The Crazy Jane series, like much of Yeats’s poetry, remains enigmatic. Why, after all, choose such an unlikely persona for this series? Why, in this particular poem, is there the harshness of this encounter with a bishop? Every poet develops a personally significant vocabulary and set of place names and images, but this is especially true of Yeats. Part of the reason for the particularity of his imagining in this poem can be explained by its theme, but, as with much of Yeats’s vision, part of the reason remains (probably intentionally) mysterious.
The claim made for him by many to be the greatest lyric poet of the twentieth century rests upon his unique expression of three worlds: that of the rustic Celtic imagination he found in Sligo in western Ireland, that of the politics of Dublin, and that of the literary sophistication of London. Crazy Jane arises from the world of Sligo. To these influences Yeats added a truly extraordinary interest in finding something meaningful beyond the material world, while at the same time celebrating the material world specifically as a manifestation of the ethereal. This quest for a non-Christian, quotidian “incarnation” is the key to this poem and to many of his best poems.
What becomes clear from the other Crazy Jane poems is that one is to listen more respectfully to her insights into life than one is to those of someone like the bishop. He has far more importance in the eyes of the world, and he represents an orthodox interpretation of life’s meaning, but his pharisaical judging of Jane suggests that it is he who is essentially dead inside. The reader also learns from the earlier poems that the bishop may, himself, have loved her at one time.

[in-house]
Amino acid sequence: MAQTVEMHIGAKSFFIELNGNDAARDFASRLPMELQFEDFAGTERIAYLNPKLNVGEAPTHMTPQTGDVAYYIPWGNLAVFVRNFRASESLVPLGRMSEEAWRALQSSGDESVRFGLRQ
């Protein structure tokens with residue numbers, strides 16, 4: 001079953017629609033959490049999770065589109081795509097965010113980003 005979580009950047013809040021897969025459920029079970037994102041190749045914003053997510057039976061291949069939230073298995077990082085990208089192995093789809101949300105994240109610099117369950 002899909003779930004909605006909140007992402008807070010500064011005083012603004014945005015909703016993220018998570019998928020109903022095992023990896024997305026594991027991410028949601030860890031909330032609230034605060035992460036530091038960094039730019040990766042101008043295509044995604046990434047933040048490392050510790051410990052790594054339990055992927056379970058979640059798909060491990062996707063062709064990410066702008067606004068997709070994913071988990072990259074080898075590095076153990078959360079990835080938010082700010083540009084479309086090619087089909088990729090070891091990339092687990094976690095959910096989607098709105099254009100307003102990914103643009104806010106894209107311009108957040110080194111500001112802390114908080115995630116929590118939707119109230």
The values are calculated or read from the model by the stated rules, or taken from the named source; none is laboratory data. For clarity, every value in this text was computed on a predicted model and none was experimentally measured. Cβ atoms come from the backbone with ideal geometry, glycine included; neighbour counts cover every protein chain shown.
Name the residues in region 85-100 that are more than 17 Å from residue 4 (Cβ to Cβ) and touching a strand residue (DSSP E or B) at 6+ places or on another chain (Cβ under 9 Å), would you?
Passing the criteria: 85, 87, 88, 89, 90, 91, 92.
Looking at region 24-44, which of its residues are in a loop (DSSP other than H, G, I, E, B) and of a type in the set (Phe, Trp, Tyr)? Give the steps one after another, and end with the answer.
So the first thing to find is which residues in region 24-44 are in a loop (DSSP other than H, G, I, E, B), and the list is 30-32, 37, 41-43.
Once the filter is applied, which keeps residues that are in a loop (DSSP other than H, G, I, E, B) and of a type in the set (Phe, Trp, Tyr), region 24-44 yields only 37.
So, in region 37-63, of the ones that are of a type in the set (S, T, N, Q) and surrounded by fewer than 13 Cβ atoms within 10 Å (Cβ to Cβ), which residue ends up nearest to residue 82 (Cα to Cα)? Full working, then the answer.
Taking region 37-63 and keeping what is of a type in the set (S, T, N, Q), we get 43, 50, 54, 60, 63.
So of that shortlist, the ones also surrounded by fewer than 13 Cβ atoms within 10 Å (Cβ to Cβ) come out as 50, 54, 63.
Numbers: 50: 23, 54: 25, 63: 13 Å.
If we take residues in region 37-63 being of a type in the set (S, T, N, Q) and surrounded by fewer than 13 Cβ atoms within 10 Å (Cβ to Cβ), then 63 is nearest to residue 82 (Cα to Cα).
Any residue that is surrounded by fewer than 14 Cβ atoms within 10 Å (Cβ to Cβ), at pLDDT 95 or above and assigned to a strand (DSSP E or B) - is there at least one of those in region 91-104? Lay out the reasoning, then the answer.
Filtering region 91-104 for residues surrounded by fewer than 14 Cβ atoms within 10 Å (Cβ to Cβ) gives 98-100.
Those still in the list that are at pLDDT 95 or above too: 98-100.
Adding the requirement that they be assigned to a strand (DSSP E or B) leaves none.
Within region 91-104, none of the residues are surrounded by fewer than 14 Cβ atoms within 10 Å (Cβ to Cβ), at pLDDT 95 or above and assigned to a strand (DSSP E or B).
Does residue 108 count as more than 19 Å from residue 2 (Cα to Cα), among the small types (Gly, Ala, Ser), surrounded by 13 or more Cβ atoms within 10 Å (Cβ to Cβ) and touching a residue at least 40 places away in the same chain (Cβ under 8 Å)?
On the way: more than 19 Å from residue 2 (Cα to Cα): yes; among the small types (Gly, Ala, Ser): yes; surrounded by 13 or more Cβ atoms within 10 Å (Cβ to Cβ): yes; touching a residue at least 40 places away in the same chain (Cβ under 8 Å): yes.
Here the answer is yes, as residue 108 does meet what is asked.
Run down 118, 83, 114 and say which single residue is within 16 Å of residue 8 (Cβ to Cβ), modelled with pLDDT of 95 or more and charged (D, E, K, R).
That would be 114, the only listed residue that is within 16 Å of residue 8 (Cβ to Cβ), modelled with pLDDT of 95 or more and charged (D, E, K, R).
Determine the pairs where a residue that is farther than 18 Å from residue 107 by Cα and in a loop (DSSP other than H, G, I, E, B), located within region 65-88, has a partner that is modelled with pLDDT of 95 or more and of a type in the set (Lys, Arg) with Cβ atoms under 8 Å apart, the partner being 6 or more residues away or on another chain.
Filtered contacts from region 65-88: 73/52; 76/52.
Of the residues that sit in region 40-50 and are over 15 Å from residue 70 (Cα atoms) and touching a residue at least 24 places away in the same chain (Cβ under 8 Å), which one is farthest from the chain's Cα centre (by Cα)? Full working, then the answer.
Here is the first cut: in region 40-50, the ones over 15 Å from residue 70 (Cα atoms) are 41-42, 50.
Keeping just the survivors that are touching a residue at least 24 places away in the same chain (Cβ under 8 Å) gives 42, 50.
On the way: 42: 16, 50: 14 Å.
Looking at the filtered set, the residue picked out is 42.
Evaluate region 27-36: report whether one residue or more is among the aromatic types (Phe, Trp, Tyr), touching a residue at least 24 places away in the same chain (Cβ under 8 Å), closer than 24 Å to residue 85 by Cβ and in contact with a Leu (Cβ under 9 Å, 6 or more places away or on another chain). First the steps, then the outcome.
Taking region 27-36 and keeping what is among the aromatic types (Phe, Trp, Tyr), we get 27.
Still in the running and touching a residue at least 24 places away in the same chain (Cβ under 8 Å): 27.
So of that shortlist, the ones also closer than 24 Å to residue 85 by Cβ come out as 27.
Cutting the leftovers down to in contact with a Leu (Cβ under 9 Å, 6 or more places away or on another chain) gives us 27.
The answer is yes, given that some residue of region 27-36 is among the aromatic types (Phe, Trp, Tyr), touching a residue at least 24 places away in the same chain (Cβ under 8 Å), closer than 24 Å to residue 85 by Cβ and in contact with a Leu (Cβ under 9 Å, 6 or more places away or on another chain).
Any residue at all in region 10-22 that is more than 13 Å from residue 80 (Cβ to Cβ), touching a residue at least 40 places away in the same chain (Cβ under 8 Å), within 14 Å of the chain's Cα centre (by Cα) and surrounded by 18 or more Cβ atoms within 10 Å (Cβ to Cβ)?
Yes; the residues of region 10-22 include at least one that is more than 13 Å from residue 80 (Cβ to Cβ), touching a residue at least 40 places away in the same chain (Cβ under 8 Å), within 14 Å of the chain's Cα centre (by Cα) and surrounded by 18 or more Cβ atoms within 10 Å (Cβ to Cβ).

The dichotomies of this poem are, in fact, the key to its theme, which has to do with the resolution of “antinomies” (as Yeats called sets of opposites) that obsessed him throughout his poetic career. It is true that Jane’s breasts are flat and fallen, but her retort is an exuberant celebration of the fact that this very body remains for her the physical location of love. That is a painful and difficult “resolution,” but Yeats seems to suggest that it is the only one possible for a human being to make. Rather than reject love (and lust) as worthless because impermanent or somehow filthy, Jane takes what may seem to be a carpe diem position: make hay while the sun shines. The implication of her lesson to the bishop goes further, however, since the sun is no longer shining for her and she is nevertheless affirming the value even of transient love.
Yeats was almost seventy when he wrote this poem, and, like many of the poems from this period, it expresses his own renewed passion for life and for love. Among the closest in theme to this one is “The Circus Animals’ Desertion” (1939), especially in its closing stanza. “Crazy Jane Talks with the Bishop” might also be read in conjunction with “Among School Children” (1927), a poem concerned with Maud Gonne and aging love. Very much aware of his own failing body, the poet seems nevertheless to embrace it, in spite of—or because of—all of its “holes.” Fixated on the body/soul dichotomy that has dominated Western philosophy, Yeats celebrates the body as the seat not only of excrement, but also of all that is transcendent.